A reparative role of angiogenesis has also been proposed in nontraumatic inflammation. Greater luminal angiogenesis in BOOP than in idiopathic pulmonary fibrosis has been proposed as an explanation for the better prognosis of BOOP and its greater responsiveness to therapy [45]. We similarly proposed that angiogenesis in the very early phase of synovitis might help to maintain joint nutrition and facilitate resolution or repair [40]. In an animal model of synovitis, however, angiogenesis at day 3 predicted persistence rather than the resolution of inflammation, leading us to prefer an alternative hypothesis that disruption of the normal synovial vasculature impairs recovery from acute inflammatory synovitis [40].

The outcome of chronic inflammation can be viewed as a balance between inflammation/injury and repair. The effects of angiogenesis inhibition on this balance will require careful study in each clinical situation.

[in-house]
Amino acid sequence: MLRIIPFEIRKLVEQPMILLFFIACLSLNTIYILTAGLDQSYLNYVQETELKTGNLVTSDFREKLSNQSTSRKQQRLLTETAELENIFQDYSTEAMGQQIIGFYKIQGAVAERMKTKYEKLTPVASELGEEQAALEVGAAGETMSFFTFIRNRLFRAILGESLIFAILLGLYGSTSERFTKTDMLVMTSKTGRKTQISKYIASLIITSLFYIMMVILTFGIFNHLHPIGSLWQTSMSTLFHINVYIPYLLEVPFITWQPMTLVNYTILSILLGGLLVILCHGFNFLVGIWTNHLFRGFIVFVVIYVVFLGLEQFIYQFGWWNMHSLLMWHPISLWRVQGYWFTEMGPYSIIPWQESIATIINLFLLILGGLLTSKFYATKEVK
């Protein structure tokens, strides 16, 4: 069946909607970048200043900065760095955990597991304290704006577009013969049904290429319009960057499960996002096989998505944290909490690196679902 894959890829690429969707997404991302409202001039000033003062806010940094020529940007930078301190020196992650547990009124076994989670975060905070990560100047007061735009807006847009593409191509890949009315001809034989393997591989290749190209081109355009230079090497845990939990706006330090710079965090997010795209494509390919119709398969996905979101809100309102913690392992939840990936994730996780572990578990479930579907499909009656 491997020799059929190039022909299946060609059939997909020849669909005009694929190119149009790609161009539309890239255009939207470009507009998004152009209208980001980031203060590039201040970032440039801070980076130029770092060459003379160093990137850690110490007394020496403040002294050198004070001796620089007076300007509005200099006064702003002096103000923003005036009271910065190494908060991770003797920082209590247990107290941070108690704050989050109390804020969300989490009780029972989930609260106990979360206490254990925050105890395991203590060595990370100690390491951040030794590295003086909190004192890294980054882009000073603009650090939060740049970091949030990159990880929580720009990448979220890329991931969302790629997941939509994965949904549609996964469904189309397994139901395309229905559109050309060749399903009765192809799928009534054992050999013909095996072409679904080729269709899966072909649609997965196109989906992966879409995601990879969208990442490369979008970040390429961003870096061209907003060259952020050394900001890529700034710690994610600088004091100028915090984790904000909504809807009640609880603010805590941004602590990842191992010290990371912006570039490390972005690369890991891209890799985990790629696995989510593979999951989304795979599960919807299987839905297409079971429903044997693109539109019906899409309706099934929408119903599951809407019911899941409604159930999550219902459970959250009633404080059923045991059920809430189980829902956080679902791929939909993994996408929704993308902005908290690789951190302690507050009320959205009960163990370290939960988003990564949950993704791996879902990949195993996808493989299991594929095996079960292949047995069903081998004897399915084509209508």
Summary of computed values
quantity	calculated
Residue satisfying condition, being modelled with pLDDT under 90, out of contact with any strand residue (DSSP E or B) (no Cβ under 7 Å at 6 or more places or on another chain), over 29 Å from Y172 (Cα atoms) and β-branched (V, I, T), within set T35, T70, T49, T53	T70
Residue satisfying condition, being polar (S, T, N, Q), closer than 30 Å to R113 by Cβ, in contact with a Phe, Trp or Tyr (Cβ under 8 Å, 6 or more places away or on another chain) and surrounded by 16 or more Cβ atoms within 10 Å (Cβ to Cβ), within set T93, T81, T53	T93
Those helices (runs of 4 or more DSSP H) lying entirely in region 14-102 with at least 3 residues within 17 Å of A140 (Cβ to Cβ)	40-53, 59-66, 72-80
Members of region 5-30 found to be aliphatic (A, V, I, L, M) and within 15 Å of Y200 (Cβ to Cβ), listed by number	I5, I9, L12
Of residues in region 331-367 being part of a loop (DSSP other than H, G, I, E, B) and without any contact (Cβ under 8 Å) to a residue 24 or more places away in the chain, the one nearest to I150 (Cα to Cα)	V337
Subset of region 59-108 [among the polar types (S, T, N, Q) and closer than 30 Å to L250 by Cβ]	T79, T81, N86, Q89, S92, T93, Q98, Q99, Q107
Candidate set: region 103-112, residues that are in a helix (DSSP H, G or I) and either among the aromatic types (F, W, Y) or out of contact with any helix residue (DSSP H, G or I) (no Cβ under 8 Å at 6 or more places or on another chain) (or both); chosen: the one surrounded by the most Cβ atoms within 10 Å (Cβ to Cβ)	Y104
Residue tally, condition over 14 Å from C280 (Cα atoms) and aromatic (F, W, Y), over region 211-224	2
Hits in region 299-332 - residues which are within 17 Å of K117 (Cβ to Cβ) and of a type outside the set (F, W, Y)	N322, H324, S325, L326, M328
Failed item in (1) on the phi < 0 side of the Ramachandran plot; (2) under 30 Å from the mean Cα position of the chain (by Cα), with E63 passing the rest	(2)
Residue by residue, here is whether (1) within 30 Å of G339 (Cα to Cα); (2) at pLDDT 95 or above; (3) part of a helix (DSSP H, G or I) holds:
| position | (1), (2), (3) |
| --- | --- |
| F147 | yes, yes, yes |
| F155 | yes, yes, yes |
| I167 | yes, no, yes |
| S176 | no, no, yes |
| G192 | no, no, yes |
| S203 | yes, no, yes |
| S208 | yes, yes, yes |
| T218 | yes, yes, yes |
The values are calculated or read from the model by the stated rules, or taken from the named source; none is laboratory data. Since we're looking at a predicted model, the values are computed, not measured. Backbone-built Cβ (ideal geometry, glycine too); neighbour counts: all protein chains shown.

New vessels have incomplete walls and may be particularly susceptible to disruption and extravasation of blood. This has been proposed as a cause of haemoptysis and pulmonary haemorrhage in inflammatory lung disease [5,48,56]. Haemosiderin deposition and extravasated red cells are commonly observed in inflammatory synovitis, although the contribution of angiogenesis to synovial microhaemorrhage is unknown, and its contribution to synovial inflammation remains unclear. The inflammatory potential and algesic effect of haemarthrosis is evident, however, in patients with haemophilia.

Angiogenesis, the innocent bystander